Basically it helps reduce discomfort during digestion if you have a sensitivity to it.

        Probiotics put good flora back in your gut. It helps if they are specific to human digestive tracts and not based on cow’s milk.

        Liked by 1 person

      • I could write something about this. Do you want me to? I’m not an expert, but I have an excellent naturopathic doctor who explains things well.

        Digestive enzymes help break down food. They are a protein. If you overeat, say at a Thanksgiving meal, take a good quality enzyme to reduce that really full, heavy feeling. Or if you know certain foods give you bloating (for me it’s flour carbs). I take one on road trips when I’m outvoted to eat junk food during our stops. My digestion in midlife is not optimal anymore so the enzymes help.

        The probiotics are bacteria required in your gut to keep things healthy and balanced.

        If you have a dairy allergy, or just prefer not consuming dairy, be mindful what kind of probiotic you consume. I use one that is natural to the human digestive tract, not based on cow’s milk. I don’t have a milk allergy, I just prefer to take a probiotics that replenishes what already naturally exists in my gut.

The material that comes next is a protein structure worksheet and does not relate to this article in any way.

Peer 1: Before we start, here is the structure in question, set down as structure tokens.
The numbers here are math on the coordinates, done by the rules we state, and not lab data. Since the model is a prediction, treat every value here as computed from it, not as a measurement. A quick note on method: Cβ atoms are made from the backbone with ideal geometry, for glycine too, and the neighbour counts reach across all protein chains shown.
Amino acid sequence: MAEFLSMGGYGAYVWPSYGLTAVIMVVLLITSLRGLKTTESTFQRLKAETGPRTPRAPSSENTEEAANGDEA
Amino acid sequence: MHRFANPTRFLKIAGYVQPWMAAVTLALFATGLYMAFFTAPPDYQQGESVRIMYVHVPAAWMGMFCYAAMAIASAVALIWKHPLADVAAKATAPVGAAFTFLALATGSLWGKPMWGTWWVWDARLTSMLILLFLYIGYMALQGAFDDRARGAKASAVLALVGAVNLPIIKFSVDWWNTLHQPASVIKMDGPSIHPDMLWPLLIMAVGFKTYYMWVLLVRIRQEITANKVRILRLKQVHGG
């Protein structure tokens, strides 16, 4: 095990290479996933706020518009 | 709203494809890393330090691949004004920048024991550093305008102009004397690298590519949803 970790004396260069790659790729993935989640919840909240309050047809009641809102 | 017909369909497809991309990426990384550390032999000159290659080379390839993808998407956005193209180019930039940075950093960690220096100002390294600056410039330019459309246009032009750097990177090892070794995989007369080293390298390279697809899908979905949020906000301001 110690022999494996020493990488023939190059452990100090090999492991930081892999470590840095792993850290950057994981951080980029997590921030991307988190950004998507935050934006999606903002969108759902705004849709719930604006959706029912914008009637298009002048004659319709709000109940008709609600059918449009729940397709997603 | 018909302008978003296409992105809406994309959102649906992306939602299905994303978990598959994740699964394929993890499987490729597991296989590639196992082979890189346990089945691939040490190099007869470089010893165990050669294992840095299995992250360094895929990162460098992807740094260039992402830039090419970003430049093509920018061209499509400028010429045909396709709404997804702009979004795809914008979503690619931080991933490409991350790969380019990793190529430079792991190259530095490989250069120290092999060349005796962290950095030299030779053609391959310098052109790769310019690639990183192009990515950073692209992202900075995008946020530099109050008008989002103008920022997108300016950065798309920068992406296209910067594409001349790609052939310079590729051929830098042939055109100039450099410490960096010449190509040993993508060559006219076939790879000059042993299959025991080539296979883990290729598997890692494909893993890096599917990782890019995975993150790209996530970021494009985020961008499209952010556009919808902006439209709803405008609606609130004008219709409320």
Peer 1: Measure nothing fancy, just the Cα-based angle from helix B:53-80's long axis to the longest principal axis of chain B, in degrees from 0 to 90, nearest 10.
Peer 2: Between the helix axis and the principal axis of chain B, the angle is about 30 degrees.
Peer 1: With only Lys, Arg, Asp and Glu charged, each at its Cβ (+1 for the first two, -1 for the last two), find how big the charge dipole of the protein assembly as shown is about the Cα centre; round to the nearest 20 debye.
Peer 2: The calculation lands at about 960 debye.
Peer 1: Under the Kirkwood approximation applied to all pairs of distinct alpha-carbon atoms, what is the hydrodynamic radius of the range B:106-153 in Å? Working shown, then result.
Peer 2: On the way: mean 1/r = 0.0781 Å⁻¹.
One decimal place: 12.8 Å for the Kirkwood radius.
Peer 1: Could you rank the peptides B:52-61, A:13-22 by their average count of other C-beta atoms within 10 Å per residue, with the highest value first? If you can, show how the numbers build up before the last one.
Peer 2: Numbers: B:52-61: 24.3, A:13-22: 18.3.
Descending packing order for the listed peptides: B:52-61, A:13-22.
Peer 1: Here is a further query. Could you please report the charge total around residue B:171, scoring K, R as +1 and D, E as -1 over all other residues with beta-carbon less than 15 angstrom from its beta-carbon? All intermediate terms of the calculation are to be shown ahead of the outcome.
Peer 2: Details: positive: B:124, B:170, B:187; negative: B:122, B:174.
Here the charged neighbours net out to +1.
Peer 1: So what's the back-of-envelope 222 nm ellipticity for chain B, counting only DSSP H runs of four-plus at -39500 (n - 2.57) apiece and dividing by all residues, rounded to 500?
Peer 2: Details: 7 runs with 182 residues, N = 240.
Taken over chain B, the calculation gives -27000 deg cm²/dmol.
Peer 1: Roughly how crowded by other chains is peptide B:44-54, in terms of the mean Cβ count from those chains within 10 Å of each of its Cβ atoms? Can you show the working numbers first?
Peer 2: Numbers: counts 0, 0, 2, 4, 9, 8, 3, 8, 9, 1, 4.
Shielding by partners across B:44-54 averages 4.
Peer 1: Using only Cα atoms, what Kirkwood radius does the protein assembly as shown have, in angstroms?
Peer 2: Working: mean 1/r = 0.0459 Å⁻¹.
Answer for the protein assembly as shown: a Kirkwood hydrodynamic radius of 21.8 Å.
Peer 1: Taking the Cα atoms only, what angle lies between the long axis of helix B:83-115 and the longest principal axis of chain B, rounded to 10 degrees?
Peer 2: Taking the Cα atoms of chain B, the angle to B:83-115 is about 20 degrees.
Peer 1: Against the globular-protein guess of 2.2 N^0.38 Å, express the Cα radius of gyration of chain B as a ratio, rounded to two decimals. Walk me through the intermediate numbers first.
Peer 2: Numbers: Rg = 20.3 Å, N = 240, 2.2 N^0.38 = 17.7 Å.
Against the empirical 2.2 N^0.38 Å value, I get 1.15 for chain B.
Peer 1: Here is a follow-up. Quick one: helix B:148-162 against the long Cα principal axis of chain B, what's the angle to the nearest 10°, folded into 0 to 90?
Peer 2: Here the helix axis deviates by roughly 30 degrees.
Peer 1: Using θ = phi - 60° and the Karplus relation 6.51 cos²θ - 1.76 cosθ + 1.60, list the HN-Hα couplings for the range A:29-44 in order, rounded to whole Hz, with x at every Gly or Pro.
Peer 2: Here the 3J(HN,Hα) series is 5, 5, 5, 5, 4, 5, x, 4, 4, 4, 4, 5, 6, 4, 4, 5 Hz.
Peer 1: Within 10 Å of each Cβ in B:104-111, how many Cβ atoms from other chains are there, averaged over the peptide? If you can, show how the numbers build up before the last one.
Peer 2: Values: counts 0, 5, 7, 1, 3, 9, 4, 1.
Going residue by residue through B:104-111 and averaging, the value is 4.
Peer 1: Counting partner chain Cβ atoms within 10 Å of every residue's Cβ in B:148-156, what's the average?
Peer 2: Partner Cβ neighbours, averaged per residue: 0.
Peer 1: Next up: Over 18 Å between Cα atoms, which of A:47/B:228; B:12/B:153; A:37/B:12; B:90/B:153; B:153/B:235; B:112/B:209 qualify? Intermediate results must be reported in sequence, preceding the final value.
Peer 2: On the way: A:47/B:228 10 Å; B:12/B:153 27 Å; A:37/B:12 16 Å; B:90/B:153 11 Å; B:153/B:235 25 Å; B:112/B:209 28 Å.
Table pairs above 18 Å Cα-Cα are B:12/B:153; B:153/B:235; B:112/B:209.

Liked by 1 person

  2. Having grown up in a place where medication was a rudimentary luxury and herbal infusions the remedy for everything, I still share your attitude into my old age, where we mend to be the milk cows for Big Pharma and the doctor’s main income providers. I also struggled with demoralising sleep deprivation and had to experiment for many years before I got it right. Congratulations!

    Liked by 1 person

    • Omgosh! Thank you for saying this!!! I have a longer post ready for my other blog about how doctors are very quick to just write a script. It’s very disconcerting.

      Liked by 1 person

  3. My doctor just put me on a vitamin D supplement too. I think more because I’m also on calcium and Vitamin D helps with calcium absorption, but I still think it’s a good idea. BUT I haven’t been sleeping as well since I started on it, and now I’m wondering if that’s the culprit? I think I’ll try getting it in a multivitamin instead and see if that helps!

    Liked by 1 person

    • It could be. Hearing you say this, I wonder if doctors think we can’t handle scientific information. I wonder why this wouldn’t be a conversation.


  4. I need advice for my mom. She menopausal and has been experiencing gradual weight loss for six years now. We don’t really know what is the cause. The one prominent problem she had and has from then and now is urinal infections left untreated for too long. I’m in Ghana and she has tried medications but I need a second opinion

    Liked by 1 person

    • I’m sorry to hear that your mother is experiencing distress due to menopause. Unfortunately, I cannot offer medical advice, because I don’t have a medical degree.


  5. I understand, though I’m not asking for medical advice. I meant experience or any lead we might be missing since it seems u have researched a lot into this topic. All the same thanks for the good words

    Liked by 1 person